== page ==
Sink? Or Swim? (continued)
In general terms, you should also know that the water is heated (it was
warmer than the air on our visit), which makes the water a pleasant place to
hang out. But if you need a chair or a lounge chair to feel comfortable, rejoice
that Aquatica seems to have sensed the need. There are way, way more chairs
available than could conceivably be needed even on a sold-out day.
For those seeking more privacy, they will rent private cabanas for $150/day
starting next week, located over by the wave pools. These cabanas will have a
wait staff who will let you order food and will bring it to you, but the cost of
the food is not included in the $150.
Since this was explained to me in terms of "privacy", I asked whether this
meant real privacy. Could they ask to not be disturbed? Would people, such as
the young and the young at heart, seize the moment of privacy to use the cabana
for their own, er, private pursuits? The two people I separately asked this
question of just grinned, perhaps thinking I was making a joke rather than
curious about the real answer.
Privacy? I've got stairs to climb and slides
For most of us, lockers will be enough. All-day rentals are $8 (or $10 for
the larger ones), and I was happy to see the locker areas are staffed full-time
by a person who just keeps busy by sweeping, keeping things clean, and helping
in the event of a locker problem.
In fact, I saw a lot of picking up of trash. From lifeguards to merchandise
hosts to managers, everyone seemingly bent down to pick up almost invisible
specks off the floor. Sure, it was Opening Day, and people wanted it to be
perfect. But I read into that gesture, repeated so often, a culture of taking
pride in the place, and it warmed my heart. Disney parks are known for this, or
at least they used to be.
The beach has real sand, so every few minutes,
had to sweep all the sand back off the sidewalk.
There was an earnest effort to note mistakes and fix them. I saw a few
managers running around with clipboards, taking constant notes. One of them saw
the broken shower faucet I had also noticed (it ran all day, sending fresh water
to the sewer for hours on end). Presumably, the taking of notes was to list the
things they could fix in the coming days. They have at least a few days before
the park opens to the public, and I thought I might do the constructive thing
and print my own wish list for changes they could, and should, make in the
coming days and weeks.
Install additional trashcans in the bathrooms. On the whole, the
restrooms are wonderfully expansive, and have everything you'd want,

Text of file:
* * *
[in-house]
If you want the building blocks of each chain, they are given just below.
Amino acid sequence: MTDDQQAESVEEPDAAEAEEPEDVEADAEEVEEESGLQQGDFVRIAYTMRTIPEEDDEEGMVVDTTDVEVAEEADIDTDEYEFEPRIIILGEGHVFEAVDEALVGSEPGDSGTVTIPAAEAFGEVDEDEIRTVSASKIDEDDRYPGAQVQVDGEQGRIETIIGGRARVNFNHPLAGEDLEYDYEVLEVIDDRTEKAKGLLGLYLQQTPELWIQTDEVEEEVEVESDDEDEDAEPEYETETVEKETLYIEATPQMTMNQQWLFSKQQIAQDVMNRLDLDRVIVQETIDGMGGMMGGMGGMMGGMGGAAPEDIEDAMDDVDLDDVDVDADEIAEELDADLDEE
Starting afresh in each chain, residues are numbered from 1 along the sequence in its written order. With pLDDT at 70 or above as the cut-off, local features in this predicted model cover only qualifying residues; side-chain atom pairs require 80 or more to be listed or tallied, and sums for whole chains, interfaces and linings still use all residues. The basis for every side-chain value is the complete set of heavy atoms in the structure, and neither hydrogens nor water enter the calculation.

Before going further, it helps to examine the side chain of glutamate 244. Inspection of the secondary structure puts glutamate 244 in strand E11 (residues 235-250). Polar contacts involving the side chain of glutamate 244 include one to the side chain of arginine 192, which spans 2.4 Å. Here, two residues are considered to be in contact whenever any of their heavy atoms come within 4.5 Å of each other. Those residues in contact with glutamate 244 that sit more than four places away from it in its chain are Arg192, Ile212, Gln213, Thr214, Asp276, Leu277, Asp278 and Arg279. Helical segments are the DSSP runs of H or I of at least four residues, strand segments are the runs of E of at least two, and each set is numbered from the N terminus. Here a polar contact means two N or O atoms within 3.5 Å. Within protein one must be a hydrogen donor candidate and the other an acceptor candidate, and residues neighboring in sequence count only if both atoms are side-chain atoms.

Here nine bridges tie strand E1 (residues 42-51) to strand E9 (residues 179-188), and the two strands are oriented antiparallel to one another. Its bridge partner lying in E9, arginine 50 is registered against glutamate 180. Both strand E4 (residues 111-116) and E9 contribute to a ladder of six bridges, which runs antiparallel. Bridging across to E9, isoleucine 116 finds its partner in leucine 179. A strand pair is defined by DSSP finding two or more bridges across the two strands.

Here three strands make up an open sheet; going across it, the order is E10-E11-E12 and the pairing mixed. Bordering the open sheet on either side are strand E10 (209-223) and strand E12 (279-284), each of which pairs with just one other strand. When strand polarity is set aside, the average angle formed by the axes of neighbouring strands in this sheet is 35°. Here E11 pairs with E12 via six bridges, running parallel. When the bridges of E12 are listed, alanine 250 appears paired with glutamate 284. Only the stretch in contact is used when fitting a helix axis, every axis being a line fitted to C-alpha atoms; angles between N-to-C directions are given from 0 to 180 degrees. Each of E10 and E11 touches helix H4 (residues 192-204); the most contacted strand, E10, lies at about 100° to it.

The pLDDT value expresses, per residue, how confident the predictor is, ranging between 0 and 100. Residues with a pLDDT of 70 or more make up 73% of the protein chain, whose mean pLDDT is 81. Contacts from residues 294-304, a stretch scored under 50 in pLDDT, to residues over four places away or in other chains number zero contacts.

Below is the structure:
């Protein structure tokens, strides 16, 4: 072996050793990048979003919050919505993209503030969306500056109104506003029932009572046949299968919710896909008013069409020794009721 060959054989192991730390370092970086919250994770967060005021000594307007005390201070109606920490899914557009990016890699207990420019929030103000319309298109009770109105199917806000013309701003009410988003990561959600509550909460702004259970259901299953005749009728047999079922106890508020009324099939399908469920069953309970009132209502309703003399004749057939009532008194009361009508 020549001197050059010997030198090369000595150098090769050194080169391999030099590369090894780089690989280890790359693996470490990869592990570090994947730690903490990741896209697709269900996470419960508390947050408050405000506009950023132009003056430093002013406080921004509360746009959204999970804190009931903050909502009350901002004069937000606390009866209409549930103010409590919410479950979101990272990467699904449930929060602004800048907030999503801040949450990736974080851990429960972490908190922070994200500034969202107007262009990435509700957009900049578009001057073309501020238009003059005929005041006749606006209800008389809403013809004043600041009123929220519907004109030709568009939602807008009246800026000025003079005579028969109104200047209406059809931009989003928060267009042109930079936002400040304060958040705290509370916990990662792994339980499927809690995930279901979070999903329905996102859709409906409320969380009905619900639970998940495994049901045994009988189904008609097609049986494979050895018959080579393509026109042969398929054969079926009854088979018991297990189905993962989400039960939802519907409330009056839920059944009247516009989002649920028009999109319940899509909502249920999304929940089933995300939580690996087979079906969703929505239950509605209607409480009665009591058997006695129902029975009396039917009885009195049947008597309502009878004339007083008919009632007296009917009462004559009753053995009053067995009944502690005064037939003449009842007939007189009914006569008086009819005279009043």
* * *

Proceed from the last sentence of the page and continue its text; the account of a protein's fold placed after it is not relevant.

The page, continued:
including child-sized toilets and urinals, and a large changing table. But
there is no trashcan anywhere near the changing table, creating a
potentially dangerous (or at least messy) situation. Additionally, a
trashcan is often quite welcome next to the door on the way out. Doesn't
everybody dry their hands as they walk away from the faucet, and only look
for a trashcan as they near the exit door?
Rent the lockers locally, at stores right next to the locker locations.
Presently, all lockers have to be paid for outside the gate or just inside
the gate, but the locker locations are all over the park. It's frustrating
to discover your need of a locker when you're deep into the park, only to be
told you have to trek to the front to get a locker. Just install the ability
to rent it at the cash registers already nearby. Note: this is reportedly
already in the works, but I wanted to repeat it just in case.
Print some manner of "Aquatica Today" guide to hand out with the
glossy souvenir map. Since there are no shows or major entertainment,
there was no show schedule available. That made sense, except that it was
not so easy to discover when the park would be closing. Why not provide the
park operating hours, and for that matter, the restaurant operating hours
too? Are there small bands playing live music? How about feeding times for
the animals? We saw the dolphins get some fish, and do some flips out of the
water, just a few minutes before closing.
Develop a new methodology for starting races at Taumata Racer.
Having eight slides at the top of a single staircase does wonders for the
speed of the line on the staircase, but almost every time I was up there, I
witnessed a near-accident, an emotional trauma, or mass confusion regarding
just how and when the racers would get the green light to go. There is a
literal green light for each tube, but on most occasions, we were told to
wait for the verbal direction instead, so that all eight tubes could race
against each other. If so, they should make those green lights visible only
to the operator. Or they could install gates that swing open at the right
time. Anything. The current system just isn't efficient, and risks being
The dolphins are really quite cute.
Create flexibility in the rules at the lazy river. For some reason,
the slower lazy river disallows visitors to just swim along, and insists
everyone must have a raft. I have no clue why that could be. This could also
be a place to allow for personal rafts, so that my infant would be able to
join us for an attraction (goodness knows he has little else to do at this
park; at least at Disney he can ride the lazy rivers with us). And finally,
would it kill them to allow lifeguards to exercise discretion in the rules?
Fifteen minutes before park closing, when all attractions had a wait of zero